Logo of Science Foundation Ireland  Logo of the Higher Education Authority, Ireland7 Capacities
Ireland's High-Performance Computing Centre | ICHEC
Home | News | Infrastructure | Outreach | Services | Research | Support | Education & Training | Consultancy | About Us | Login


Title:Effects of molecular structure on oxidation reactivity of cyclic hydrocarbons: Experimental observations and conformational analysis
Authors:Y. Yang, A.L. Boehman, J.M. Simmie, 2010
Abstract: This work concerns the pre-ignition reactivity of cyclic hydrocarbons and its dependence on cyclic structures. In the first part, global reactivity of five cyclic hydrocarbons, methylcyclopentane (MCP), cyclohexane (CH), methylcyclohexane (MCH), decahydronaphthalene (decalin), and 1,2,3,4-tetrahydronaphthalene (tetralin), whose detailed product analyses were recently reported [Y. Yang, A.L. Boehman, Proc. Combust. Inst. 32(1) (2009) 419–426; Y. Yang, A.L. Boehman, Combust. Flame 157(3) (2010) 495–505], were compared over a range of compression ratio and intake temperature in a motored engine. Molecular structure exerts a profound effect on low temperature oxidation reactivity. Decalin is the most reactive compound whose extent of oxidation increases monotonically with increasing temperature and pressure. MCH shows higher low temperature reactivity than CH, and both show distinct negative temperature coefficient behavior. MCP and tetralin exhibit little low temperature reaction before critical conditions are reached for autoignition. In the second part, conformational analysis is conducted to understand how molecular structures affect the low temperature oxidative reactivity, in particular the (1,5) H-shift of fuel peroxy radicals , the key step in low temperature chain branching. In comparison with open-chain structures, cyclic structures significantly reduce the total number of hydrogens that can be abstracted in the (1,5) H-shift. This is because the (1,5) H-shift of a cyclohexylperoxy radical requires both the peroxy group and the to-be-abstracted hydrogen locate at an axial position on the cyclohexane ring. The total number of available hydrogens in decalin, MCH, CH, and tetralin is 14, 11, 6, and 4, respectively. Also important is the number of hydrogens available for the (1,5) isomerization of a given peroxy group, i.e., the degeneracy of the (1,5) H-shift. Degeneracy in (1,5) H-shift for decalin, MCH, CH, and tetralin is ∼3, 2–3, 2, and 1, respectively. These numbers are in accord with the relative reactivity observed for these compounds. The higher reactivity of MCH relative to CH also results from the equatorial preference of the methyl group which forces the peroxy group to stay at an axial position and facilitates (1,5) H-shift. The last argument is confirmed by quantum mechanical calculations.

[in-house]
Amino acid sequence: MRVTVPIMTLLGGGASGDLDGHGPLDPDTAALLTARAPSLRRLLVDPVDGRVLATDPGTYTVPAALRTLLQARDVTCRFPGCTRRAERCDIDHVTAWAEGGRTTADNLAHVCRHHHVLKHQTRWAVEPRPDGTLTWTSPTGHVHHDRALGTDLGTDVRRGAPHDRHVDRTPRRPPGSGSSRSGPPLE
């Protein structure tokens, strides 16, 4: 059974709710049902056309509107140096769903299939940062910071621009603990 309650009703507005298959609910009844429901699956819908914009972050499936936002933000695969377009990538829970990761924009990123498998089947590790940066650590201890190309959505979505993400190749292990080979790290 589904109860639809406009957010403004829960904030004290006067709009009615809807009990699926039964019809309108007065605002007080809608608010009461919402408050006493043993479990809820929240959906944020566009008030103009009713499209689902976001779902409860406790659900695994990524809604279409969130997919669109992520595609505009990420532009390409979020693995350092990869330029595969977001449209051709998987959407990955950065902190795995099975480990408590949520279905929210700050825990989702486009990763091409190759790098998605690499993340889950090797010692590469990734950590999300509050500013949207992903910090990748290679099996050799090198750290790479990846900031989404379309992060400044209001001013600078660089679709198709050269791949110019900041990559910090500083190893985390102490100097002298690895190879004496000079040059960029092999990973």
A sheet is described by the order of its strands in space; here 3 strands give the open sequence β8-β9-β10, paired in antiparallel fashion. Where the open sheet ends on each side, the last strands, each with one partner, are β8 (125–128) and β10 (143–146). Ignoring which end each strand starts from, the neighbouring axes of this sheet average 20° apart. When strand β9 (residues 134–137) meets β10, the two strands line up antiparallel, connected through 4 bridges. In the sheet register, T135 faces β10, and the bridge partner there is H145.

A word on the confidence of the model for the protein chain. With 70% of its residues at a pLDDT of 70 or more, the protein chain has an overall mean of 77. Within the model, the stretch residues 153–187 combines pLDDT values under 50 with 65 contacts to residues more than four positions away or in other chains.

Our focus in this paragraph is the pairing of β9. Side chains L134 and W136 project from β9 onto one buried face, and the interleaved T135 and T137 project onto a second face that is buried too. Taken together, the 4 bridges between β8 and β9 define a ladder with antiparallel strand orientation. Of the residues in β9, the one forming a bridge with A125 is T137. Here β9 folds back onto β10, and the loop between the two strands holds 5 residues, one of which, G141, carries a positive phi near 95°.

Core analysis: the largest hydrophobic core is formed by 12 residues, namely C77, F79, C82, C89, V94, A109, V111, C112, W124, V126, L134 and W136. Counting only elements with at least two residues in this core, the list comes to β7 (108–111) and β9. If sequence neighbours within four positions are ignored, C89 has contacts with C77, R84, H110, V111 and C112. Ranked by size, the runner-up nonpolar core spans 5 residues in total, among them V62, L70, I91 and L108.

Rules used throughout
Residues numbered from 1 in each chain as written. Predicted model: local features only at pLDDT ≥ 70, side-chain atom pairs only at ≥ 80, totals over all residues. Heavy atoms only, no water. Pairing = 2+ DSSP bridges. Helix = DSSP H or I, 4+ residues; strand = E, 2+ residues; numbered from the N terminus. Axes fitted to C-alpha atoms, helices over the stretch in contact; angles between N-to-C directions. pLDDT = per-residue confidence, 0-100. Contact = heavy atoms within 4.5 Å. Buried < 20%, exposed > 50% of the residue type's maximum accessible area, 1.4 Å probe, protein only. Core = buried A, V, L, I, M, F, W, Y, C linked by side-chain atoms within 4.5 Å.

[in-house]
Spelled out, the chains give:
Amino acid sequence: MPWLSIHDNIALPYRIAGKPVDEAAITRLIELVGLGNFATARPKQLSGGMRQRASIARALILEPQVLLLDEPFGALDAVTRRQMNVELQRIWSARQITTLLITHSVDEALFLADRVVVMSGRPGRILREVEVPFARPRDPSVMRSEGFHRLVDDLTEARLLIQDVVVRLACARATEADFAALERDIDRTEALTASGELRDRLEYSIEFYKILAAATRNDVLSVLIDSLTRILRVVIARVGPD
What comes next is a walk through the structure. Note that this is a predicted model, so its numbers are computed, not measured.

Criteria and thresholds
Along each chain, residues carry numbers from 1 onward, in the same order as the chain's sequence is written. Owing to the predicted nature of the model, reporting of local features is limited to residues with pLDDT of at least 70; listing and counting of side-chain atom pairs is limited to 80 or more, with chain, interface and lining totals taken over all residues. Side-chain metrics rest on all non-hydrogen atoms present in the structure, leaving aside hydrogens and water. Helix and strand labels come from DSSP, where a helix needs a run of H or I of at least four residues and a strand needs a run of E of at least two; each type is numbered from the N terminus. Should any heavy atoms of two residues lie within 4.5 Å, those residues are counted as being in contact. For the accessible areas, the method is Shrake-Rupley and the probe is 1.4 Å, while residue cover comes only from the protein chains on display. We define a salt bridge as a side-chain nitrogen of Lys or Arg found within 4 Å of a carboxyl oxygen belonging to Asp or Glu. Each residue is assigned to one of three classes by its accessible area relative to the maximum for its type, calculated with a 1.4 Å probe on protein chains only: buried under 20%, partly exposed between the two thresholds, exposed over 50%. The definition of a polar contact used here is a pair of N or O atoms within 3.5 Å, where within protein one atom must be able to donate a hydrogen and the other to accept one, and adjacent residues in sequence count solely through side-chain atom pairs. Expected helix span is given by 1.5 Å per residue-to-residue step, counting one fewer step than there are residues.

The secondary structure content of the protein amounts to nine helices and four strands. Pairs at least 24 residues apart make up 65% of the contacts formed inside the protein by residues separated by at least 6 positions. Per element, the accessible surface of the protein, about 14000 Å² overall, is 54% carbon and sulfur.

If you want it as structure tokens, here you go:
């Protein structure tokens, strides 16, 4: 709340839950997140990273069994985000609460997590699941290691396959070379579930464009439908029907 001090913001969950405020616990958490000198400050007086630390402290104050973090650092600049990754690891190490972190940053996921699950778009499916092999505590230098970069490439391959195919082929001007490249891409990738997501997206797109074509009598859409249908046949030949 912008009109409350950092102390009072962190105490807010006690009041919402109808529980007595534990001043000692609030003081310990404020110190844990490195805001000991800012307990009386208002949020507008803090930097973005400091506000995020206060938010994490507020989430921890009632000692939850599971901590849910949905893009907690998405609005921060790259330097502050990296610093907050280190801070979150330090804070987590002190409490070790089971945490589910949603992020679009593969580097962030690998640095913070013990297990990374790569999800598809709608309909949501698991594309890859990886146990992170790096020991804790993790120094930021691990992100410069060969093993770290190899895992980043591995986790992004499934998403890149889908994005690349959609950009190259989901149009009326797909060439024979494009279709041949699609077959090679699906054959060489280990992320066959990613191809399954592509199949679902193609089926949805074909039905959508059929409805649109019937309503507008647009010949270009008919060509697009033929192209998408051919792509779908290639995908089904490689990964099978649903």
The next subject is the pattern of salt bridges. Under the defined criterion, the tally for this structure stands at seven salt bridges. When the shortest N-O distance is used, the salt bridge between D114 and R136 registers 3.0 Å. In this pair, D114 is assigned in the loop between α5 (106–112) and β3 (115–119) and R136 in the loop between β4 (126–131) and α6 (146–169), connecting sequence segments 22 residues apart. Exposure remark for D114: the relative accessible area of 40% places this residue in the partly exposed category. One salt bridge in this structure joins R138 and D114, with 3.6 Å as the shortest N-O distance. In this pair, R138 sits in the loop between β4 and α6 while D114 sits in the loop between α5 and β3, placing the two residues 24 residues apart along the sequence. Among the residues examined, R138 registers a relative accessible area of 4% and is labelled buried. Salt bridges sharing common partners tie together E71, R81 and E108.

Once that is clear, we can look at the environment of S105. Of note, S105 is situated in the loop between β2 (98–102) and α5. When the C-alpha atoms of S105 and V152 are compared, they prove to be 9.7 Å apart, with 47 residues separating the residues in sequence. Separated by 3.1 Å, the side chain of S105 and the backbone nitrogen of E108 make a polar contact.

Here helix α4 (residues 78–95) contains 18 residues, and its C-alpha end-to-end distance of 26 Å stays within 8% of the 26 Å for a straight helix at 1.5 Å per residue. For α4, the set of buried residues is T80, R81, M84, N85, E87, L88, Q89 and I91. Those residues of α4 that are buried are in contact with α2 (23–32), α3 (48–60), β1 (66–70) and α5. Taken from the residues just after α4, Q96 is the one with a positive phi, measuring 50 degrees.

ICHEC Project:BurnQuest: Towards a World Class Combustion Chemistry Centre
Publication:Combustion and Flame Volume 157, Issue 12, December 2010, Pages 2369–2379
URL: http://dx.doi.org/10.1016/j.combustflame.2010.04.015
Keywords: Cycloalkanes; Cyclohexane; Low temperature oxidation; Motored engine; Intramolecular hydrogen shift; Conformational analysis
Status: Published

return to publications list